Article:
The market for case studies within women’s magazines and newspapers is exploding. Natasha Courtenay-Smith explains the appeal and how to use case studies to gain publicity for your business or client.
Ten years ago, I rarely used the term ‘real life case study.’ Save for women’s weekly magazines such as Take a Break, which have always predominately featured individual’s personal stories told in first person (as though it is they themselves writing the piece), there simply wasn’t such a demand for what is termed ‘real life’ within the press.
Today, I spend most of my time looking for and writing up such stories. As a freelancer, I write for many publications, ranging from the Daily Mail and the Sunday Telegraph, to magazines including Grazia, Glamour, Red, Eve, Woman, Woman’s Own and Take a Break. All want a number of real life stories in every issue.
Likewise, even when I am writing what we describe as a ‘trend’ piece, a real life case study is still of huge importance. For instance, I recently wrote a report for the Sunday Telegraph magazine Stella about middle class women who drink too much. In the editor’s mind, I could have got all the quotes from experts, trend watchers and government statisticians that I wanted, but without a real life case study who was prepared to be photographed and say ‘this happened to me’ the article would never have been published.
I am often looking for, on a single day, a vast range of case studies for a number of different publications. Another part of my work involves sourcing interesting case studies myself and placing them in magazines or newspapers. How do I do this? Often, PRs phone me up and tell me about individuals they have just taken on. I have also recently set up a website www.talktothepress.co.uk so that anyone who wishes to tell, or sell, their story to the press can get in touch with me. I then act on their behalf and broker their story into a number of publications, earning them occasionally in excess of £2000.
It is incredibly difficult to describe what makes a good case study. Generally speaking, the more unusual, extreme, inspirational and interesting the story the better, particularly when it comes to approaching a women’s weekly magazine with the case study out of the blue.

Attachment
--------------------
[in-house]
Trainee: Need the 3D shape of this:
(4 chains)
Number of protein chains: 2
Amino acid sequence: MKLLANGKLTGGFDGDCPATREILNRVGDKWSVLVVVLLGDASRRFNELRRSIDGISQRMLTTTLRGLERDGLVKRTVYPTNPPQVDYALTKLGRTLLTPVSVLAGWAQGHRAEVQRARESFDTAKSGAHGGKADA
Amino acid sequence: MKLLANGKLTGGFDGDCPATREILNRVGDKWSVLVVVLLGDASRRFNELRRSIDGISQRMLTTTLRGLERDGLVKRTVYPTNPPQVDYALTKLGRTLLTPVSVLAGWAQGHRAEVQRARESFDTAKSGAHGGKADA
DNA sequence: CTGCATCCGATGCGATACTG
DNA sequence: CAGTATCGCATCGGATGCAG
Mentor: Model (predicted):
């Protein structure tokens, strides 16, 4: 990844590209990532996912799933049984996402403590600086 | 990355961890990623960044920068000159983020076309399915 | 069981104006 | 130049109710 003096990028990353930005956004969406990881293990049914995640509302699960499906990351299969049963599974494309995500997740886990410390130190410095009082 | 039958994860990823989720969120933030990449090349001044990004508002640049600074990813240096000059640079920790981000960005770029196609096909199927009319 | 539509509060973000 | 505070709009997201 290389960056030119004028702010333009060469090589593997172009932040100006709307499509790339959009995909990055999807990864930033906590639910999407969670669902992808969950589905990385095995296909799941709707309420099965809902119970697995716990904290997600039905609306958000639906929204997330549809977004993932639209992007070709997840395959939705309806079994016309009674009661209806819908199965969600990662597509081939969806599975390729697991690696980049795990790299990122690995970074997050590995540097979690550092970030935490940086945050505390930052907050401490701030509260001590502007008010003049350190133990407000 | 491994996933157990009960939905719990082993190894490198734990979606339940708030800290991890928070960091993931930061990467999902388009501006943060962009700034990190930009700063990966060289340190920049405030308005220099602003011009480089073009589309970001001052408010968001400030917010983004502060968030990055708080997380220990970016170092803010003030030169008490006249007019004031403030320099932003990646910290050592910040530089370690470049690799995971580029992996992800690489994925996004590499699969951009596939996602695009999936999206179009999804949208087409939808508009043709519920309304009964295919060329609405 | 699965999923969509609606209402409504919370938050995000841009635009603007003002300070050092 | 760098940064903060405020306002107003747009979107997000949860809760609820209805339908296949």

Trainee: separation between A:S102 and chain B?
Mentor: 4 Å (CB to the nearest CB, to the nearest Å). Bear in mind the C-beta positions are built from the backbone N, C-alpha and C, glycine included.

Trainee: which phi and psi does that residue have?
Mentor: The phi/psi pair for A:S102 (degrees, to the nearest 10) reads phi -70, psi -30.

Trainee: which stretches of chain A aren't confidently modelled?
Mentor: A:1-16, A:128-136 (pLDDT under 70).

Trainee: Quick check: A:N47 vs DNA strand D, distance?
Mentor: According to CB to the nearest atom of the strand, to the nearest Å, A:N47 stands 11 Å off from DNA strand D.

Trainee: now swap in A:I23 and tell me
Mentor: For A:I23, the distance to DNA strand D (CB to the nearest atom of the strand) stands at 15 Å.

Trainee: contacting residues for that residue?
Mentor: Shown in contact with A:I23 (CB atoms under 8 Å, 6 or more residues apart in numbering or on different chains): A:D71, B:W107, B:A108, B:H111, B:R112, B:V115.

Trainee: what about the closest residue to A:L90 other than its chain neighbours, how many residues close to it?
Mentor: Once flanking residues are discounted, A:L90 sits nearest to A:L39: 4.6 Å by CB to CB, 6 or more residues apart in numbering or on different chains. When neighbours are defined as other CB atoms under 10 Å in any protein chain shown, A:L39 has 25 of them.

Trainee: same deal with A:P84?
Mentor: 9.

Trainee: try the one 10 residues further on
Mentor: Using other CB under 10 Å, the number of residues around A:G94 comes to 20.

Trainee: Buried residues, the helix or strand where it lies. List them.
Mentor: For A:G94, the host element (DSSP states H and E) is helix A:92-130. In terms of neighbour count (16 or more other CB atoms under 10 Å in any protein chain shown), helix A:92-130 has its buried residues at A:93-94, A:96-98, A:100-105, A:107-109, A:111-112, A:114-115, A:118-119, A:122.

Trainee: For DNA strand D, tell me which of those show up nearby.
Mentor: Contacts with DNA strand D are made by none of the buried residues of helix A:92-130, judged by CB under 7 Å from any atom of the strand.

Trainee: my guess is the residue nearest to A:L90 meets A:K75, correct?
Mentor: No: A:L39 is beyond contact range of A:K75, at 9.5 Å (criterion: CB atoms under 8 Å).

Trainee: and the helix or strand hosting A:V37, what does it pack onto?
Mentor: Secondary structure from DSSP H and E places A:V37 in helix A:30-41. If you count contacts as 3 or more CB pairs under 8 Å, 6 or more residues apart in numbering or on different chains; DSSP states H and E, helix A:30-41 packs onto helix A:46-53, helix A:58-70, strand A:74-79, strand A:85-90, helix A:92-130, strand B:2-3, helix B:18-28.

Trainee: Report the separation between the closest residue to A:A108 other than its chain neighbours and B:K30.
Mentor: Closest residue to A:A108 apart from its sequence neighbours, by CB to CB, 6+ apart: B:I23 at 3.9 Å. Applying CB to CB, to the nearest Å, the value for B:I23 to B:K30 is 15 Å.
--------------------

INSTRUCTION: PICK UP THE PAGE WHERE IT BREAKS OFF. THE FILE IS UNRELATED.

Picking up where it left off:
In these instances, for example, a woman who has simply had a bit of post natal depression and wants to talk about how she felt miserable for two months would not make a good case study. Without being unsympathetic, she probably hasn’t got anything particularly special or different to say. But a woman whose post natal depression was so severe that she lost her house/job/husband would be a very strong case study.
However, that said, if it is national post natal depression week this week, or if there is a story in the news about how more women than ever are experiencing depression after having a baby, then a straightforward ‘it happened to me’ case study would fly straight into any publication. So it is always important to keep an eye on what is happening in the news as well as looking out for strong stories.
And remember, what publications are looking for changes like the wind. One week, they only want emotional stories, so if I approach them with an upbeat tale about a woman who gave up cramped city flat and stressful job to become a sheep farmer in the Outer Hebrides they would say no. The next week, the changes are the commissioning editor will be on the phone asking if I have any ‘happy stories’ – in which case the lifestyle change case study would be perfect.
I am always interested in hearing about any case study who wishes to talk about their experiences. Don’t worry about packaging up the story: if you know there is a woman who is happy to talk and be photographed and you think ‘Wow, she’s had an amazing/interesting/sad/difficult’ life then just give me a call or drop email with the basic details. Remember, as long as a story meets certain criteria, it is always possible to find it a home somewhere and in doing so raise the profile of your business or client.
Credit: Natasha Courtenay-Smith can be contacted through www.talktothepress.co.uk